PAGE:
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GSU Botanical Gardens with Chuck Taylor
Create a successful rain garden
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    In my last article I mentioned rain gardens as one of the elements of a sustainable garden.  But what are rain gardens?  Basically, rain gardens are shallow depressions designed to collect rain runoff, typically from impervious surfaces such as driveways and roofs.  The intention of the depression is to allow the water to collect and percolate into the soil, allowing plants, bacteria and soils to clean and filter the water as it seeps into the ground.
    A simple concept and very sustainable in ways that current systems of capturing and channeling rainwater into massive storm drainage systems are not,  rain gardens do just the opposite by keeping stormwater close to where it falls.  This helps to reduce flooding, allows sediments to settle and lowers the chances of stormwater becoming contaminated with oils and other chemicals.  
    So what is a properly designed rain garden?  Consider the following criteria:
    Where you choose to locate your rain garden is important.  Take the time to assess the existing conditions in your yard to determine the most appropriate place.  
    Locate the rain garden at least 10 feet from the house so water doesn’t seep into the foundation.
    Do not place the rain garden over a septic system or near wells and underground utilities.
    It is better to build the rain garden in full or partial sun in the open.  Avoid big trees or areas of existing landscape you want to remain.
    You can locate the rain garden within natural drainage patterns of your yard but not necessarily in an existing low area.  The idea is to create new areas for infiltration to occur and it may be necessary to recontour areas of your yard to direct water to the garden.  Consider that the garden will overflow in heavy rains, and sandy soils will percolate water faster than heavy clays.  Amending clay soils with sand and organic matter will aid in infiltration.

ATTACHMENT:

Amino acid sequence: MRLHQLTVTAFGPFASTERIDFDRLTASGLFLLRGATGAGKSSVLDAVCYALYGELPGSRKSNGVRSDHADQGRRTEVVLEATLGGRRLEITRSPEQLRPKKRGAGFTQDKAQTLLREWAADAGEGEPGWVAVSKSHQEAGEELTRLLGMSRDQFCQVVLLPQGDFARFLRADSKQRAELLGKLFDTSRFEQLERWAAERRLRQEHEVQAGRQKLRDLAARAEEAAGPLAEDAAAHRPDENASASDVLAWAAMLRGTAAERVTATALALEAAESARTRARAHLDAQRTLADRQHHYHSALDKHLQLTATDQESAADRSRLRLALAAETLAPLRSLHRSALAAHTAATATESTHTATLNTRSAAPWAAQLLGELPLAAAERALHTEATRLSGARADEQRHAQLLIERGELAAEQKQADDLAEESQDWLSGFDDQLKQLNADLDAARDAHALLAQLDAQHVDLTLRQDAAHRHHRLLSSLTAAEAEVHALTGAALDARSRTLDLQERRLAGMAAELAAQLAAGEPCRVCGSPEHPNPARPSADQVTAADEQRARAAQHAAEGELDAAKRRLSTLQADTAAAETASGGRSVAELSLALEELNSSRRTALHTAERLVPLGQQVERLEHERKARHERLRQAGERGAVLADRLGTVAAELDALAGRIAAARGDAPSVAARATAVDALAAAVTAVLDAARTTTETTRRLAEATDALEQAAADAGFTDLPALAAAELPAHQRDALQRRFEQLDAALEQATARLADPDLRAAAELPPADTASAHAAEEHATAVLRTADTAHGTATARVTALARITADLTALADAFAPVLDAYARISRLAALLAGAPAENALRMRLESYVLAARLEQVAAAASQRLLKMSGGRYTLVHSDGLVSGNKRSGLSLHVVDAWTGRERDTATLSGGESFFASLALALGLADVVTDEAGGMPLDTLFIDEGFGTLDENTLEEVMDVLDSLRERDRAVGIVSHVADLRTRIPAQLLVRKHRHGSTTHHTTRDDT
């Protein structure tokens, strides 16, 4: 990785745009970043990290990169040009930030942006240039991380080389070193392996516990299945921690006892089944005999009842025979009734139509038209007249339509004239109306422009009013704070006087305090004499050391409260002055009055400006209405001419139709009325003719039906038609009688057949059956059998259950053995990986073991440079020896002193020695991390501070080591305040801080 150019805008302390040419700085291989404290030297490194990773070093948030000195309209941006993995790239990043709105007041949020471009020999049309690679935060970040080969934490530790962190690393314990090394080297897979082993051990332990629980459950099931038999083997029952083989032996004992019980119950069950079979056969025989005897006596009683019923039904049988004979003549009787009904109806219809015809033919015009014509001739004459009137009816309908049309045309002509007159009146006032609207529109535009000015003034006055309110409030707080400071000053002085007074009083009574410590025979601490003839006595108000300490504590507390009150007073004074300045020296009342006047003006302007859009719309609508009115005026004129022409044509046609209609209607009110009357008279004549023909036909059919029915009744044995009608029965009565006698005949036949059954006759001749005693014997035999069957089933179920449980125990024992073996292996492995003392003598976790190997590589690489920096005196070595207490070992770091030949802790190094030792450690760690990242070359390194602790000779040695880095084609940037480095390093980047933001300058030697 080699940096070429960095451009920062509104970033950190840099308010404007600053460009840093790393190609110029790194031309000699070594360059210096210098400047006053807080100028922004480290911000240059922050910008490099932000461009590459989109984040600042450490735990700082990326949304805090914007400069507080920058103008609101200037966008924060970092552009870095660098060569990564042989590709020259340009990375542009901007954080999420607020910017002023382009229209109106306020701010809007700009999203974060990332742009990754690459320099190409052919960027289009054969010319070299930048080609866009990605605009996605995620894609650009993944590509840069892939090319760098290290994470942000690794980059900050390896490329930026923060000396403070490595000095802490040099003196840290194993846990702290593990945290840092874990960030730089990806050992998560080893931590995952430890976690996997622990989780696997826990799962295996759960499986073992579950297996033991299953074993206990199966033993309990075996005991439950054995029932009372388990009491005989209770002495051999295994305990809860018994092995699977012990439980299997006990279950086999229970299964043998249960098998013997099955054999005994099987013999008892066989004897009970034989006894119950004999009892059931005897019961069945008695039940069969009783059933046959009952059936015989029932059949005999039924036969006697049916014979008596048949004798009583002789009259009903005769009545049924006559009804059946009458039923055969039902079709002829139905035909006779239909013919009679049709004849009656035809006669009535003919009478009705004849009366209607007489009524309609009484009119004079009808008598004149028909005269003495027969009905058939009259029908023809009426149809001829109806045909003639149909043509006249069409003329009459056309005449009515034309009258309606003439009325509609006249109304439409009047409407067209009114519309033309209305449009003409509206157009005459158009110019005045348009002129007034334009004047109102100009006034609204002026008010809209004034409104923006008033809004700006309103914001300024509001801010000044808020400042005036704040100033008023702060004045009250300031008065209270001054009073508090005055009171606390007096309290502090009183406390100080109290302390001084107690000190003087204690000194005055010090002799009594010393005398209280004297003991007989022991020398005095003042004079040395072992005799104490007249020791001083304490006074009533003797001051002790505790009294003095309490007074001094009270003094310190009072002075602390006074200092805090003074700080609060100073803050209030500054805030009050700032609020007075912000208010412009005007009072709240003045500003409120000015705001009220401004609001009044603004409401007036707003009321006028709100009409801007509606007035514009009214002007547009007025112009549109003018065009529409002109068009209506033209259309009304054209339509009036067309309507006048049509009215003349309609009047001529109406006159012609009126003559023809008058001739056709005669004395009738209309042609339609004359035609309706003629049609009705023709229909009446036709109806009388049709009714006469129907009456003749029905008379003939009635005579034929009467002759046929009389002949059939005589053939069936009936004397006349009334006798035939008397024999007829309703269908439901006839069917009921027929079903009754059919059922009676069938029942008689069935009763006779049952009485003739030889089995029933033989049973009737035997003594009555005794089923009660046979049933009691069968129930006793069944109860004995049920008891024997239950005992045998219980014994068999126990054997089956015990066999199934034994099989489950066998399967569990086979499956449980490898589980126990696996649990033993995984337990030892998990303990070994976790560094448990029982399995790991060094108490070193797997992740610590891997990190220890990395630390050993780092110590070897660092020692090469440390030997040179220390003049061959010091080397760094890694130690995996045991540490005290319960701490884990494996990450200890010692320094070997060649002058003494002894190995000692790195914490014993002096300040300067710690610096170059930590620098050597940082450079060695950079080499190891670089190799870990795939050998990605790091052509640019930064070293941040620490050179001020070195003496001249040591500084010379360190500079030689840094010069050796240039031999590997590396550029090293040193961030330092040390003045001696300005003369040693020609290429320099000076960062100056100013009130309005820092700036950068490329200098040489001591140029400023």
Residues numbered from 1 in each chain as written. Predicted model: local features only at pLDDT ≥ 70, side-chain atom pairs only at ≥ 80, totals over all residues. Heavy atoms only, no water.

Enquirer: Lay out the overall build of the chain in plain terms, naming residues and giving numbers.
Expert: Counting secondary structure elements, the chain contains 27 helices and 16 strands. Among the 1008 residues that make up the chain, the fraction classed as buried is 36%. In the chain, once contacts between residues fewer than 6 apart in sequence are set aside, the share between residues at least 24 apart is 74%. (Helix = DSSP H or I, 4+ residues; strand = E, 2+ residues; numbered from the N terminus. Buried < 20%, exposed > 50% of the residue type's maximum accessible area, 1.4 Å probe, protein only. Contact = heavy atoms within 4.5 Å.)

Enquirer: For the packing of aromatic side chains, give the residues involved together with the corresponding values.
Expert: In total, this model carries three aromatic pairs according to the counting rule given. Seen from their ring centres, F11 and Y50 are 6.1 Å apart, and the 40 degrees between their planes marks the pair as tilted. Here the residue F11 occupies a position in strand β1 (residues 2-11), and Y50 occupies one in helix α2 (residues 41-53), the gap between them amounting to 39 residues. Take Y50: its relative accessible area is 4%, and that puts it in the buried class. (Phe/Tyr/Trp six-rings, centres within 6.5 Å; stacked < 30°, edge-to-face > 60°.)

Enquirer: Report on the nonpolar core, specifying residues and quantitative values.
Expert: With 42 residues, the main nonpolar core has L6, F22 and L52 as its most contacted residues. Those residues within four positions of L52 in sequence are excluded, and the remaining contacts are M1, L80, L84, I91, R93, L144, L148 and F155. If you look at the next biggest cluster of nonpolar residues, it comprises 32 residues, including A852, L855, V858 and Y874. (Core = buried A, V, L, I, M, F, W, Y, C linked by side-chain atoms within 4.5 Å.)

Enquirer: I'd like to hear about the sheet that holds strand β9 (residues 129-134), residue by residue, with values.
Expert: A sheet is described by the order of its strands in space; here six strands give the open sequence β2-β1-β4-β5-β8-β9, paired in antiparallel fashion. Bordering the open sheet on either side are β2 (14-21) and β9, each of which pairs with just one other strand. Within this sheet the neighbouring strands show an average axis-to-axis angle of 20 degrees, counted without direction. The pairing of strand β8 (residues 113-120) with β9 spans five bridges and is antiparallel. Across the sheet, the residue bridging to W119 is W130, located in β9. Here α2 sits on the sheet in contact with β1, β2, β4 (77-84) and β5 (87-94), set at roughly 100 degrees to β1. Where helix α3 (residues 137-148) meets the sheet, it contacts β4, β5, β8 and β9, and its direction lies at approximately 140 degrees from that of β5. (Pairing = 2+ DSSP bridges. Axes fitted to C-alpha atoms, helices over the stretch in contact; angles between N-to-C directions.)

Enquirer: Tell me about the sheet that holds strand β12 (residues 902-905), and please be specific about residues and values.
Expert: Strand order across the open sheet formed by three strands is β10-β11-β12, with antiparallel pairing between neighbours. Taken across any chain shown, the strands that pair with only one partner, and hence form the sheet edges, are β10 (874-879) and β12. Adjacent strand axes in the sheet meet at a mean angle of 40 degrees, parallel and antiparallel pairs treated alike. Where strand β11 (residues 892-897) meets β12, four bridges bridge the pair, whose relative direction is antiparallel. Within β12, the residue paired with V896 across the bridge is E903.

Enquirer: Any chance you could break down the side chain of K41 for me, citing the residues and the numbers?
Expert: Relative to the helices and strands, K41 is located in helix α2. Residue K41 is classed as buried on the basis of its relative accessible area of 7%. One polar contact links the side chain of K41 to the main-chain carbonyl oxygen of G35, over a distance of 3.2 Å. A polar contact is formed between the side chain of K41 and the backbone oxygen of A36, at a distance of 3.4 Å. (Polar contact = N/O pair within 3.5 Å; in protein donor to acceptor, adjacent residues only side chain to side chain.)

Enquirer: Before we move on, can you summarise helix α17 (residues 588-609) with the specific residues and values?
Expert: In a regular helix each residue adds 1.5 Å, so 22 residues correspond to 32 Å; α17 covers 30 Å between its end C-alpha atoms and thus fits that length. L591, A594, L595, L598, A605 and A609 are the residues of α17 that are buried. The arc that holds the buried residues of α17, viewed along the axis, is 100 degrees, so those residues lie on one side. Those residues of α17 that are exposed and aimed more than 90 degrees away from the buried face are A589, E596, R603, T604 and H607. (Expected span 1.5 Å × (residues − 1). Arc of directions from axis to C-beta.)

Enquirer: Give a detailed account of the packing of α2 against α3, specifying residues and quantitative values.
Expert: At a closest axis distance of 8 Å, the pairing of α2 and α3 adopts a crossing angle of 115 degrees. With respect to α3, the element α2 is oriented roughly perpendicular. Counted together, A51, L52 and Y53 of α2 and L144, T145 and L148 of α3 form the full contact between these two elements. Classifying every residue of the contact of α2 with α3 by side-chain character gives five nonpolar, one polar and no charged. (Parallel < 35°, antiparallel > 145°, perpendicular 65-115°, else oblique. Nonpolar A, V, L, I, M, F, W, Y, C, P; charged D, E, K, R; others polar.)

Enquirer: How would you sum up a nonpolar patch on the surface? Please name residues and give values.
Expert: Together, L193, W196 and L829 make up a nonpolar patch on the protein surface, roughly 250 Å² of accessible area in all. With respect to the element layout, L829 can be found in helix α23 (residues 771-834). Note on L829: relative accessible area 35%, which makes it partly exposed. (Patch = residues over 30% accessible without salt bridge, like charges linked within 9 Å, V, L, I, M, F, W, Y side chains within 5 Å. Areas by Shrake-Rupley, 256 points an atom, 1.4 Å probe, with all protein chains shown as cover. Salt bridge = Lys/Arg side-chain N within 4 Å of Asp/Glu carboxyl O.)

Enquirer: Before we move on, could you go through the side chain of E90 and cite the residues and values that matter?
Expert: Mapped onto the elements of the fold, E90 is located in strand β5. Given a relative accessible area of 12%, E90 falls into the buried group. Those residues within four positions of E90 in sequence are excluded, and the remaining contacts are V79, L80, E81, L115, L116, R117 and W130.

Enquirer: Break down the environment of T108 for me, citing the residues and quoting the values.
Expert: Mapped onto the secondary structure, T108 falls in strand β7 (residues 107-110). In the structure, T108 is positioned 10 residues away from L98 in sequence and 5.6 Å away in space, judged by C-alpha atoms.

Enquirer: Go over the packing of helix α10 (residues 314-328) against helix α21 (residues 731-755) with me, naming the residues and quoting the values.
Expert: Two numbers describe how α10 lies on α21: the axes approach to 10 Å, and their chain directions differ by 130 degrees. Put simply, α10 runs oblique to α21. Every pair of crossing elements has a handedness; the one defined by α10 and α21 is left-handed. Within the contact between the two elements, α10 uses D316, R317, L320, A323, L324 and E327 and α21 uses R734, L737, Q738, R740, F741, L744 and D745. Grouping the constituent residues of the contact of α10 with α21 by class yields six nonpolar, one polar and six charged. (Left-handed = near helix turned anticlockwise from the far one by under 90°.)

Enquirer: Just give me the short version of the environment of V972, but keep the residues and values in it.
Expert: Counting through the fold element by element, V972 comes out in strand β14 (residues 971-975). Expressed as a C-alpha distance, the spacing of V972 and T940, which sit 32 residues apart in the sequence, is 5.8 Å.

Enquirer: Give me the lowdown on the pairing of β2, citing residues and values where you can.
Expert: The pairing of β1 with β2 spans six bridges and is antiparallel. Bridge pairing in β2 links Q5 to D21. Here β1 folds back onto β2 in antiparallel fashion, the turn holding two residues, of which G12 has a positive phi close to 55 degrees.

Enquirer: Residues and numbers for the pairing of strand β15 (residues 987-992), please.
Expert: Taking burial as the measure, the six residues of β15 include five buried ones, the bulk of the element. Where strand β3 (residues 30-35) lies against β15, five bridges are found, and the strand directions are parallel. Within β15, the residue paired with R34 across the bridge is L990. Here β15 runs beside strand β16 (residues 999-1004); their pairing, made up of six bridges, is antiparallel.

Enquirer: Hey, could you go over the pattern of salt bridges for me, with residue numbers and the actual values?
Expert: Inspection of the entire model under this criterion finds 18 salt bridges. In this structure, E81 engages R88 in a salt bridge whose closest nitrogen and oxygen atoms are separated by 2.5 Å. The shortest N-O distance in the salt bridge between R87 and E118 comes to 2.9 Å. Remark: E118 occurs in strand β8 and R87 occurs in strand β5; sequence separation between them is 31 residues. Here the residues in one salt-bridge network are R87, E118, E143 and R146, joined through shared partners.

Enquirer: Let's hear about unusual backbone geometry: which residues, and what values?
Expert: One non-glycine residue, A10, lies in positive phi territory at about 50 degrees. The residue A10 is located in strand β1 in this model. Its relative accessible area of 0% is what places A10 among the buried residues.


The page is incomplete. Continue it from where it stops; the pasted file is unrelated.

Water should only pool in your rain garden for several hours after a rainfall before it is absorbed. This is important for both the plants as well as mosquito concerns.
Typically rain gardens range from 100 to 400 square foot in size, but large gardens can run several thousand square feet.  Your garden should be sized in proportion to your specific property conditions. While your individual rain garden may seem like a small contribution and not worth the effort, collectively, rain gardens can achieve significant water quality benefits.
It is best to use native, non-invasive plants that are able to tolerate periods of wet as well as dry conditions that will occur between (often long) stretches of no rain.  Plants with extensive fibrous root systems such as native grasses, wildflowers and shrubs work well.  Avoid turf grasses which do not absorb water as well as garden areas do.
     Additional benefits
    Consider not only the location and plants but also the overall design.  A well designed rain garden will not only be a functional benefit to the ecosystem by helping to protect our water quality, but can also attract birds and butterflies, require less maintenance than traditional lawns and provide an interesting addition to your landscape.  This will add beauty and value to your home.

    Chuck Taylor, ASLA, is a practicing landscape architect and Campus Planner for Georgia Southern University.  Chuck is the recipient of four design awards from the Georgia Chapter of the American Society of Landscape Architects, most recently for his pro bono design for Ogeechee Area Hospice and design work in creating a pedestrian friendly campus at Georgia Southern. 
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